In the first two Perakim of this week’s Parsha, Bnei Yisrael’s camping arrangement is described in great detail. This seems unusual because the Torah writes only what is applicable to future generations. Why would it use two full Perakim to describe a message applicable only to the generation of the Midbar?
The Gerrer Rebbe notes that a large amount of space is also used to describe the construction of the Mishkan, an impermanent structure. He explains that the Mishkan was built to allow Hashem’s presence to dwell amongst Bnei Yisrael. He further explains that only through following the minute details of Hashem’s instructions could we build the Mishkan and become closer to Him. This explains the necessity of the lengthy descriptions of the camping arrangement. The camping arrangement furthers the message of following Hashem’s commands in order to grow closer to Him.
Rav Amital, a Rosh Yeshiva at Yeshivat Har Etzion, offers an additional reason to explain the length at which the camping arrangement is written. Bnei Yisrael were comprised of twelve semi-nations, the twelve tribes. They all camped separately, yet were held together by the Mishkan and the Aron HaKodesh. This point is clearly demonstrated by Bnei Yisrael’s camping on all four sides of the Mishkan. Rav Amital explains that Bnei Yisrael needed to understand that they were one, collective nation before they entered Eretz Yisrael; and although Bnei Yisrael would be a diverse people in Eretz Yisrael, they must still be unified by their common adherence to the principles shown by the Aron HaKodesh. If Bnei Yisrael were united, then the Shechina would rest with them.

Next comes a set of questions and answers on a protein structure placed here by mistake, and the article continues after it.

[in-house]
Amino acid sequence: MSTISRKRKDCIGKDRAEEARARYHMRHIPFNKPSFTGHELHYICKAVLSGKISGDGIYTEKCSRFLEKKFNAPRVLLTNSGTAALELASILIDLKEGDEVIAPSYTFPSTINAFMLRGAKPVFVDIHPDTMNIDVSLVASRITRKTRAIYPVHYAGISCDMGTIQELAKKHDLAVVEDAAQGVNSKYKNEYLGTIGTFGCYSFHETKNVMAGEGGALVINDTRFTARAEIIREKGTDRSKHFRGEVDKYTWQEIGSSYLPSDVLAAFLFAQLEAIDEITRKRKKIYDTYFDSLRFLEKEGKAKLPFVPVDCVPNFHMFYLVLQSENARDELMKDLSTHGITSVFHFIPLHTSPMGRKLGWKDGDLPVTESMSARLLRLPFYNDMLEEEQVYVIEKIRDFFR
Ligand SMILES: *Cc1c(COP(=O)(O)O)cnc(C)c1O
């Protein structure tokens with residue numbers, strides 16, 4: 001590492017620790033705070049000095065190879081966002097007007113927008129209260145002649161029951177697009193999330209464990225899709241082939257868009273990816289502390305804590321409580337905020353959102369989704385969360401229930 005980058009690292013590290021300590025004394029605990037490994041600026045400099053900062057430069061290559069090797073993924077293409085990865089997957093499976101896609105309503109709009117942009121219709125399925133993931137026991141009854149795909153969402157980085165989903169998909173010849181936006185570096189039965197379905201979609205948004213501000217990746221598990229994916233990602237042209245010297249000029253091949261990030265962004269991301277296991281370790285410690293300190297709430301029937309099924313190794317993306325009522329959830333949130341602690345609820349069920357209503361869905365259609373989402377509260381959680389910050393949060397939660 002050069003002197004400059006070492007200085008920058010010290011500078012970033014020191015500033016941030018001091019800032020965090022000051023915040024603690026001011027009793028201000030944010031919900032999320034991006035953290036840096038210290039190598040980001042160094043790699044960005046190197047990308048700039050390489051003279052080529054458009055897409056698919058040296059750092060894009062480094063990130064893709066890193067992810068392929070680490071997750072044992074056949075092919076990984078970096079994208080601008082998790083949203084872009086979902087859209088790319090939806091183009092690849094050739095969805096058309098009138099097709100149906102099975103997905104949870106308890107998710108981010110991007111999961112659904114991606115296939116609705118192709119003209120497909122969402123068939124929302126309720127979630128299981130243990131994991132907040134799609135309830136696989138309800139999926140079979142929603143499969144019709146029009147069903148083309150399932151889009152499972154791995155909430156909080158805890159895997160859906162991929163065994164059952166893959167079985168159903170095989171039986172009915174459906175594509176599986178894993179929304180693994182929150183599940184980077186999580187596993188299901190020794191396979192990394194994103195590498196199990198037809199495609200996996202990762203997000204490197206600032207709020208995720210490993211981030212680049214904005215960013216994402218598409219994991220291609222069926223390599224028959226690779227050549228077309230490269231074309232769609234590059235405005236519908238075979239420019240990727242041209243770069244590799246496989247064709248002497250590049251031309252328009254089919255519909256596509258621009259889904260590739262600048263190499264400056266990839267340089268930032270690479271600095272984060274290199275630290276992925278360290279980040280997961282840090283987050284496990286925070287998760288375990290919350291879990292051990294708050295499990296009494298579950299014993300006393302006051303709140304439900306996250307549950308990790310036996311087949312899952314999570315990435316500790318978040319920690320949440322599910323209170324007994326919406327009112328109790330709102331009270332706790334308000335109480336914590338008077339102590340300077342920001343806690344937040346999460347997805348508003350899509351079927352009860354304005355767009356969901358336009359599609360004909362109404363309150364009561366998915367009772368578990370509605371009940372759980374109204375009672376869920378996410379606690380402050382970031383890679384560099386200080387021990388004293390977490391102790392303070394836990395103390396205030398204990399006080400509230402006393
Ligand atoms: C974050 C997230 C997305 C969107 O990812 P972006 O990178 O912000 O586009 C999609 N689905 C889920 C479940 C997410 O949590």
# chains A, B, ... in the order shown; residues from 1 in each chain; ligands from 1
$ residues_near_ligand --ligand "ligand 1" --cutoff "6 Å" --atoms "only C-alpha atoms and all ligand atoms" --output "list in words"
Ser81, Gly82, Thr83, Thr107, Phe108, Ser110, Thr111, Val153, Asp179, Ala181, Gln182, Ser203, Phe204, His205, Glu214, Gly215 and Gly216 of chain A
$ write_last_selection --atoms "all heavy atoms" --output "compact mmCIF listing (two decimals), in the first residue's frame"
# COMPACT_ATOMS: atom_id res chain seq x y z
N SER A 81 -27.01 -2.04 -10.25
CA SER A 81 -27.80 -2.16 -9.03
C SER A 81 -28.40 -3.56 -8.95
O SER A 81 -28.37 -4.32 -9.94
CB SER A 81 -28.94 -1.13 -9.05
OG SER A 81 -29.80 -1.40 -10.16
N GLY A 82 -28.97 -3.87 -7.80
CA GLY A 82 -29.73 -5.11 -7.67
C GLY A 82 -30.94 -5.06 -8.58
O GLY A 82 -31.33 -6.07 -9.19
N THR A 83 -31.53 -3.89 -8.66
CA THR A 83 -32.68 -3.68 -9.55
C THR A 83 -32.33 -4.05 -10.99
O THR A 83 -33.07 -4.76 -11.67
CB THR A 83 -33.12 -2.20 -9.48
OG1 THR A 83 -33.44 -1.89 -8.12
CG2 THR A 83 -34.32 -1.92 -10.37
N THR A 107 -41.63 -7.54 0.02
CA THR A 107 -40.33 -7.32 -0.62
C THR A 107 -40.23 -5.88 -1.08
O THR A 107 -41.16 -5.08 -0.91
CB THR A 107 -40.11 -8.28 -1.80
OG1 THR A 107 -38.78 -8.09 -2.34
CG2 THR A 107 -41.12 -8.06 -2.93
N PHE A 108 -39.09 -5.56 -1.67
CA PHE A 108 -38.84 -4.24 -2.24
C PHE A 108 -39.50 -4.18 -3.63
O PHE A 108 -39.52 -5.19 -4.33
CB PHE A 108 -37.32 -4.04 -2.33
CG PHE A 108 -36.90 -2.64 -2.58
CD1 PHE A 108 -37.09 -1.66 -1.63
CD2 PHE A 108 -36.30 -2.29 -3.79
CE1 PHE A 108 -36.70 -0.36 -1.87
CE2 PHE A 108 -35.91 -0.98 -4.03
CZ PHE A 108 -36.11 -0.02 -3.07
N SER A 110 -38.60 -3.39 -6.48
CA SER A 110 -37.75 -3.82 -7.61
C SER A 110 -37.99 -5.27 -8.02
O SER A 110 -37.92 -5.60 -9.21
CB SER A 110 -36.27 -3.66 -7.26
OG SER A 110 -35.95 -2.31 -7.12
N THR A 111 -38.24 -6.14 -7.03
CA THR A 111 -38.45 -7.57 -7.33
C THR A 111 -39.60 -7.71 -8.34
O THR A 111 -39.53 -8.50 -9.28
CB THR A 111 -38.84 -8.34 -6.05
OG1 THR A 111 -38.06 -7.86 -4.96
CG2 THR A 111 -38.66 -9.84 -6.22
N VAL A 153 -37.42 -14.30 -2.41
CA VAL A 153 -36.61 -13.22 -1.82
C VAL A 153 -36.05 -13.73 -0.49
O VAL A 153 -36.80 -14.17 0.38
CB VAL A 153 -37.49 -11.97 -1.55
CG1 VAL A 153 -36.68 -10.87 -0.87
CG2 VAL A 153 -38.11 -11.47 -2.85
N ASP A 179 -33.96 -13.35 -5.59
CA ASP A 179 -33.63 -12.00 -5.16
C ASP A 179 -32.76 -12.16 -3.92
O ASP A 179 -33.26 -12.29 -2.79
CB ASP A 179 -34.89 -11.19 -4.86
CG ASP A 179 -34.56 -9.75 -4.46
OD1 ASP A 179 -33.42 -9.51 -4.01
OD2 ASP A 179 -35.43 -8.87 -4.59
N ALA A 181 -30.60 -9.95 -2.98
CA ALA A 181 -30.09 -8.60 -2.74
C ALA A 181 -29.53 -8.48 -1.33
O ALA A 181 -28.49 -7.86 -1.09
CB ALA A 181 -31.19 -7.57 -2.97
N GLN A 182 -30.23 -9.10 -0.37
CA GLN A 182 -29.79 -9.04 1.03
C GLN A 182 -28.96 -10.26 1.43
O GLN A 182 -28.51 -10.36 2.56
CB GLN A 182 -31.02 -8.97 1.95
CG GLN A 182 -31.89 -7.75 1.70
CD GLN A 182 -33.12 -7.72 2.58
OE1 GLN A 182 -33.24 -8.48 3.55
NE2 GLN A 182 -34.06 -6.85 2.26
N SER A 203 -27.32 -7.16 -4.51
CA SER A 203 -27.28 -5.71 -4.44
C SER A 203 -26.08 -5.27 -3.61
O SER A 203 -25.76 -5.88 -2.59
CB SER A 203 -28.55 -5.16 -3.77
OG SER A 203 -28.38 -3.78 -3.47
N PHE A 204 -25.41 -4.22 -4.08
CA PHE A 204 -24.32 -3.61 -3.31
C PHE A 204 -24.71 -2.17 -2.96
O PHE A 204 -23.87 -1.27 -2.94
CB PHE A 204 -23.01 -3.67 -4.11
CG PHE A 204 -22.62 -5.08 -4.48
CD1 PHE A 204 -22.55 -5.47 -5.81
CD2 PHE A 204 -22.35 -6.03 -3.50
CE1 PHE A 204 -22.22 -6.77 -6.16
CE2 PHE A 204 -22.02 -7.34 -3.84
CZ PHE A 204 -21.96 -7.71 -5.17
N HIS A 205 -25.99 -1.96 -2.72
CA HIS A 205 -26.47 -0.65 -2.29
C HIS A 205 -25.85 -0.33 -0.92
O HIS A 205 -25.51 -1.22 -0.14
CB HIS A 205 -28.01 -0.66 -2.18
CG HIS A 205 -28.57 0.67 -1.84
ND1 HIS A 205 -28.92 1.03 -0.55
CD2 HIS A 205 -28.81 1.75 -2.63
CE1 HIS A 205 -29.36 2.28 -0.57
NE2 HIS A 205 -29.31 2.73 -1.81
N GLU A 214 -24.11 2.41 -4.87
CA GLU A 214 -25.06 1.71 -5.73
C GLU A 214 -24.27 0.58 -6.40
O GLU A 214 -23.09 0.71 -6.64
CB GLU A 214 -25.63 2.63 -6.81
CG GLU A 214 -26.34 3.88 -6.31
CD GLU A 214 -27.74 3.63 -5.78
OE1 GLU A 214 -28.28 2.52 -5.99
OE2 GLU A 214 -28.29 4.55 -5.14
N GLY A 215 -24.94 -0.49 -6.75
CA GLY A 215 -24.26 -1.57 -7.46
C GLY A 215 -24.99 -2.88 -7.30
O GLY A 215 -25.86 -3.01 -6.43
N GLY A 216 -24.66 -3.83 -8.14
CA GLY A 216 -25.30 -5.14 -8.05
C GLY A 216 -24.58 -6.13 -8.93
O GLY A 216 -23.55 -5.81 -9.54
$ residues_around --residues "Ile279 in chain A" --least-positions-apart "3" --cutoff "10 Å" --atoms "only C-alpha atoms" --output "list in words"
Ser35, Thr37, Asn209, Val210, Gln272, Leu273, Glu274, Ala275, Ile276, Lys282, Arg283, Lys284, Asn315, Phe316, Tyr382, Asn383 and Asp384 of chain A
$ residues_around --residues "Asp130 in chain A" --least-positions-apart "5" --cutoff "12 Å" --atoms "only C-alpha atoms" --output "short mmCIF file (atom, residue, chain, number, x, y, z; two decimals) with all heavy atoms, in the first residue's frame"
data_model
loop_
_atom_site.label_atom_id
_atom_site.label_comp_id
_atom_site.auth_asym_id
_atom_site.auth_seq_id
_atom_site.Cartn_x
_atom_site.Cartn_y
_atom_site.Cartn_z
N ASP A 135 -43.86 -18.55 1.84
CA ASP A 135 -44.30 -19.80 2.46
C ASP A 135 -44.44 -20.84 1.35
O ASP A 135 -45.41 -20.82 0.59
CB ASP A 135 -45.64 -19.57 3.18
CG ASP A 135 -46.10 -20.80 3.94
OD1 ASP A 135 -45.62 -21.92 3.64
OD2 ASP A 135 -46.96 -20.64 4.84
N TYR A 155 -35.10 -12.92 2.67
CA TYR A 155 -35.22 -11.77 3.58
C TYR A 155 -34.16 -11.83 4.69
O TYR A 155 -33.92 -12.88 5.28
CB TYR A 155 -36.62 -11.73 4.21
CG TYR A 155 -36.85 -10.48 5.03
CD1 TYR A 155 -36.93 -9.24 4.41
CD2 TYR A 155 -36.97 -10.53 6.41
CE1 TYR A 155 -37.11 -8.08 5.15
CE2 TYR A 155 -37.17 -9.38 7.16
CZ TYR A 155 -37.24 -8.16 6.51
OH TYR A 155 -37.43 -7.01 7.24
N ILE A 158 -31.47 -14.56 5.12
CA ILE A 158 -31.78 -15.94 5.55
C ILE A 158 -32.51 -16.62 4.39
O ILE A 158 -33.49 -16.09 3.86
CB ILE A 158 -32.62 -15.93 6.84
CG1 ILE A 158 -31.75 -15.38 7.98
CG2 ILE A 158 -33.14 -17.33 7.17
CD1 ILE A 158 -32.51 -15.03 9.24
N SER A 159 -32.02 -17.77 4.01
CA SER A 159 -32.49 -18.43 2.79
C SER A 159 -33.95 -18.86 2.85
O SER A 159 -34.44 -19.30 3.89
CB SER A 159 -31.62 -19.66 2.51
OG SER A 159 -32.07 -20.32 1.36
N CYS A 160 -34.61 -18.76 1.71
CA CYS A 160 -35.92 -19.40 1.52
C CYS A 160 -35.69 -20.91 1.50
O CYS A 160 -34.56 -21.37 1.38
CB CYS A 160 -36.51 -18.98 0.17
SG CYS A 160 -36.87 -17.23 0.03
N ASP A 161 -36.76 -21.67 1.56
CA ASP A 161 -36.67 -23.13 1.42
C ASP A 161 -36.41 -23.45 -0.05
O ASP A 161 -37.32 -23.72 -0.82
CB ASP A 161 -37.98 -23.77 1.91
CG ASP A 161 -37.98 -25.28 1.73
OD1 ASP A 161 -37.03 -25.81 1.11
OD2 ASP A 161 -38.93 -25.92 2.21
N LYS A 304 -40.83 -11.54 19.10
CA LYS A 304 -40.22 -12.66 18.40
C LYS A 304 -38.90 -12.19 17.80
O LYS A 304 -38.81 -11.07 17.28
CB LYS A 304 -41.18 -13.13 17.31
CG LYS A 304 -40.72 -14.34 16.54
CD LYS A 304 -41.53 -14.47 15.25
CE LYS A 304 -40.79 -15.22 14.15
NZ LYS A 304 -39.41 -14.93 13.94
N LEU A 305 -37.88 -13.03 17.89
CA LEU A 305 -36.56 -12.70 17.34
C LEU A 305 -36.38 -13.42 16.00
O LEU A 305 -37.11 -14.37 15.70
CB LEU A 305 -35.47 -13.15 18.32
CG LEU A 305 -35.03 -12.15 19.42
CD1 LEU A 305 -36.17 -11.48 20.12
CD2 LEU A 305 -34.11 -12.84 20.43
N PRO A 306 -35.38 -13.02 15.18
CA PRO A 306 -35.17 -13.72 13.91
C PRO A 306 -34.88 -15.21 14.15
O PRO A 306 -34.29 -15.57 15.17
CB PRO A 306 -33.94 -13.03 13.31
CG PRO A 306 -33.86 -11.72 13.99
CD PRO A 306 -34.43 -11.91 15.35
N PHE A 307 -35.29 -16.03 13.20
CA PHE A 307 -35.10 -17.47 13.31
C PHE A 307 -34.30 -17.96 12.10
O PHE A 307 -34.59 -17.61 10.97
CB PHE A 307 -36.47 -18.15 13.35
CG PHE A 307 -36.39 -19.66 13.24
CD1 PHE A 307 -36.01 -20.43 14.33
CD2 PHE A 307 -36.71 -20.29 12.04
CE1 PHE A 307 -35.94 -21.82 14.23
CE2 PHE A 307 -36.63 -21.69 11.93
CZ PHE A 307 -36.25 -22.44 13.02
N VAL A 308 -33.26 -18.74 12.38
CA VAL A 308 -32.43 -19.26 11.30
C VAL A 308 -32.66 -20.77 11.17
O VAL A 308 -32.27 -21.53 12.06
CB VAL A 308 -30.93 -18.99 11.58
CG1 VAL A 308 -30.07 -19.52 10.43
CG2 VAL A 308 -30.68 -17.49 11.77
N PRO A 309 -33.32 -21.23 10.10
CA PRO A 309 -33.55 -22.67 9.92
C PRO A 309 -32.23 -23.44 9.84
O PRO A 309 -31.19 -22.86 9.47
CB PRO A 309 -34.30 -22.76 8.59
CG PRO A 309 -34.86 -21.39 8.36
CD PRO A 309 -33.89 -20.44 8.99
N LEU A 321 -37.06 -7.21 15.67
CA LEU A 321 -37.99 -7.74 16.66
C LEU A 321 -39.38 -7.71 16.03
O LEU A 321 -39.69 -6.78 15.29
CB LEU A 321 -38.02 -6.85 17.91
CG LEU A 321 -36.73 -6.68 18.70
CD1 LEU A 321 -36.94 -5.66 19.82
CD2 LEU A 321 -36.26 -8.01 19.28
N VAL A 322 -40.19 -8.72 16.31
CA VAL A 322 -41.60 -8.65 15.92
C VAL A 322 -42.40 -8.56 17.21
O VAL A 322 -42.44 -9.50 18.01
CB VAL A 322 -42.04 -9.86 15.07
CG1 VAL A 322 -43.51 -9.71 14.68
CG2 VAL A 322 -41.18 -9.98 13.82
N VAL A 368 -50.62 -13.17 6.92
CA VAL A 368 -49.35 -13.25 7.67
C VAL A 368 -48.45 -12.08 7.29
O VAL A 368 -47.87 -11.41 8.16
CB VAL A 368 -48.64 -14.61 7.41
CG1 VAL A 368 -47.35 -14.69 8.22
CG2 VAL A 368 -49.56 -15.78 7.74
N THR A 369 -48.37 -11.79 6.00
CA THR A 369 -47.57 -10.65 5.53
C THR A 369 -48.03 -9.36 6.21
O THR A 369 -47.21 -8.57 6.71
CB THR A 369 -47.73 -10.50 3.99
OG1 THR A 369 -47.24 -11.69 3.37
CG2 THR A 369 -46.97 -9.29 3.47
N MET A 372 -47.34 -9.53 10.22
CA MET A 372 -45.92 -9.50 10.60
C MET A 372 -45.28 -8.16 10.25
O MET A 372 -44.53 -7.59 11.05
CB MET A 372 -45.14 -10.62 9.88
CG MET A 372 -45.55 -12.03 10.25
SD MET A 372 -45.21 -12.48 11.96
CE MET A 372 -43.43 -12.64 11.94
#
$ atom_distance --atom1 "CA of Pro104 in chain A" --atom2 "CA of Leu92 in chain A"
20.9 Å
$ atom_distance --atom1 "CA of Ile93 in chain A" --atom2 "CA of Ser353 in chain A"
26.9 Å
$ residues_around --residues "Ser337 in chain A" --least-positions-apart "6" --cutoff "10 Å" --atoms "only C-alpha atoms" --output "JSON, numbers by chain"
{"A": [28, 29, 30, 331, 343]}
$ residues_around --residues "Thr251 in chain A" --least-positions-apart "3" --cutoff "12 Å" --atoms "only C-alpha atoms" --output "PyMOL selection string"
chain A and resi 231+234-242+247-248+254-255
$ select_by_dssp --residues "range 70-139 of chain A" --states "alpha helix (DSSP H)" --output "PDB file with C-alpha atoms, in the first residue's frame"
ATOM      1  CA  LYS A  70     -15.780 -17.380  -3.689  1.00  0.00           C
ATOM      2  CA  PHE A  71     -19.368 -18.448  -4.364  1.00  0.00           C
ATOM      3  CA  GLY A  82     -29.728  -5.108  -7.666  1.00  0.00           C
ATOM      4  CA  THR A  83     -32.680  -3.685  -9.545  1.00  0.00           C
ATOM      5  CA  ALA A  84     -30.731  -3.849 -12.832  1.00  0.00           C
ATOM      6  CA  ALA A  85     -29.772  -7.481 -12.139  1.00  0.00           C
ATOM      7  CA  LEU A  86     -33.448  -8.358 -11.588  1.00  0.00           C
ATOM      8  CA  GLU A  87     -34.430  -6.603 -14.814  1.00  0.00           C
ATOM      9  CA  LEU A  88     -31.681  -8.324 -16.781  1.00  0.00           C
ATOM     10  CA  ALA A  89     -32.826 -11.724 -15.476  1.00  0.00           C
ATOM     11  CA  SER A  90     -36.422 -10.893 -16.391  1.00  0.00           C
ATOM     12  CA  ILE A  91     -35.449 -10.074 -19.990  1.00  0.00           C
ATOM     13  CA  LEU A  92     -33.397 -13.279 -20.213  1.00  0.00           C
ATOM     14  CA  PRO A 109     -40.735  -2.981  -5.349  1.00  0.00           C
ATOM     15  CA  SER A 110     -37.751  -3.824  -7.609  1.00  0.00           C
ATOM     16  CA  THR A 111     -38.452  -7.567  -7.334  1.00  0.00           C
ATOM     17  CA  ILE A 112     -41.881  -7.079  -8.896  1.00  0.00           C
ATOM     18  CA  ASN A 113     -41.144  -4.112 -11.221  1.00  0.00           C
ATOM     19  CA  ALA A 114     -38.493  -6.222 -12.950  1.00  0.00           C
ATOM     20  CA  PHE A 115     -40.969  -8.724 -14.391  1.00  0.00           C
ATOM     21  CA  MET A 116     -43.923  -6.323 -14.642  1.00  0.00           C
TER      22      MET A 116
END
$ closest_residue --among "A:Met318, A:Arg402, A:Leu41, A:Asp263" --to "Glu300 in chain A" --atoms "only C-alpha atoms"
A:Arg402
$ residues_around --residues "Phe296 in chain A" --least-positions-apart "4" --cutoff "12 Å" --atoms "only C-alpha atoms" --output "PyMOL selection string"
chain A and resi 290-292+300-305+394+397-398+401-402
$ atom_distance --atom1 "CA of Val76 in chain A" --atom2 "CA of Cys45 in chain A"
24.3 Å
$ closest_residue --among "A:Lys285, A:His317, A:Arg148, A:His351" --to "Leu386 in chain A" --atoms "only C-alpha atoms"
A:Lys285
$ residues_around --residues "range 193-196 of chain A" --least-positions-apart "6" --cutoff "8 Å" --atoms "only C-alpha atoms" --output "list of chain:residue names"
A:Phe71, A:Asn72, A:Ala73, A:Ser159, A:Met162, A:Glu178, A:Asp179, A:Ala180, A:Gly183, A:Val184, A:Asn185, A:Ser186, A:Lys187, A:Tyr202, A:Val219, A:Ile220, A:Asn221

The time of the second Beit HaMikdash represented greater national unity than that of the first Beit HaMikdash. In the days of the first Beit HaMikdash, Bnei Yisrael did not work together in their service to Hashem (as seen by the Korbanot that individuals brought outside the Beit HaMikdash). During the second Beit Hamikdash, the ideal unity existed. Upon the destruction of the second Beit Hamikdash, the unity unraveled due to Sinat Chinam. Yerushalayim and the Beit HaMikdash, the symbols of our singularity, were destroyed. Although we don’t have the Beit HaMikdash today, Yerushalayim still serves as the center of our Jewish identity. We always face Yerushalayim when we daven and we ask Hashem daily for it to be rebuilt. In 1967, when Israel regained Yerushalayim, every Jew felt somewhat connected to the recaptured city.
This past Friday was Yom Yerushalayim. We need to joyfully appreciate that we currently possess Yerushalayim, the center of modern Jewish unity. Yet, we also need to realize that until the third Beit HaMikdash is built, we must feel a sense of loss in lacking Yerushalayim in her former, total glory.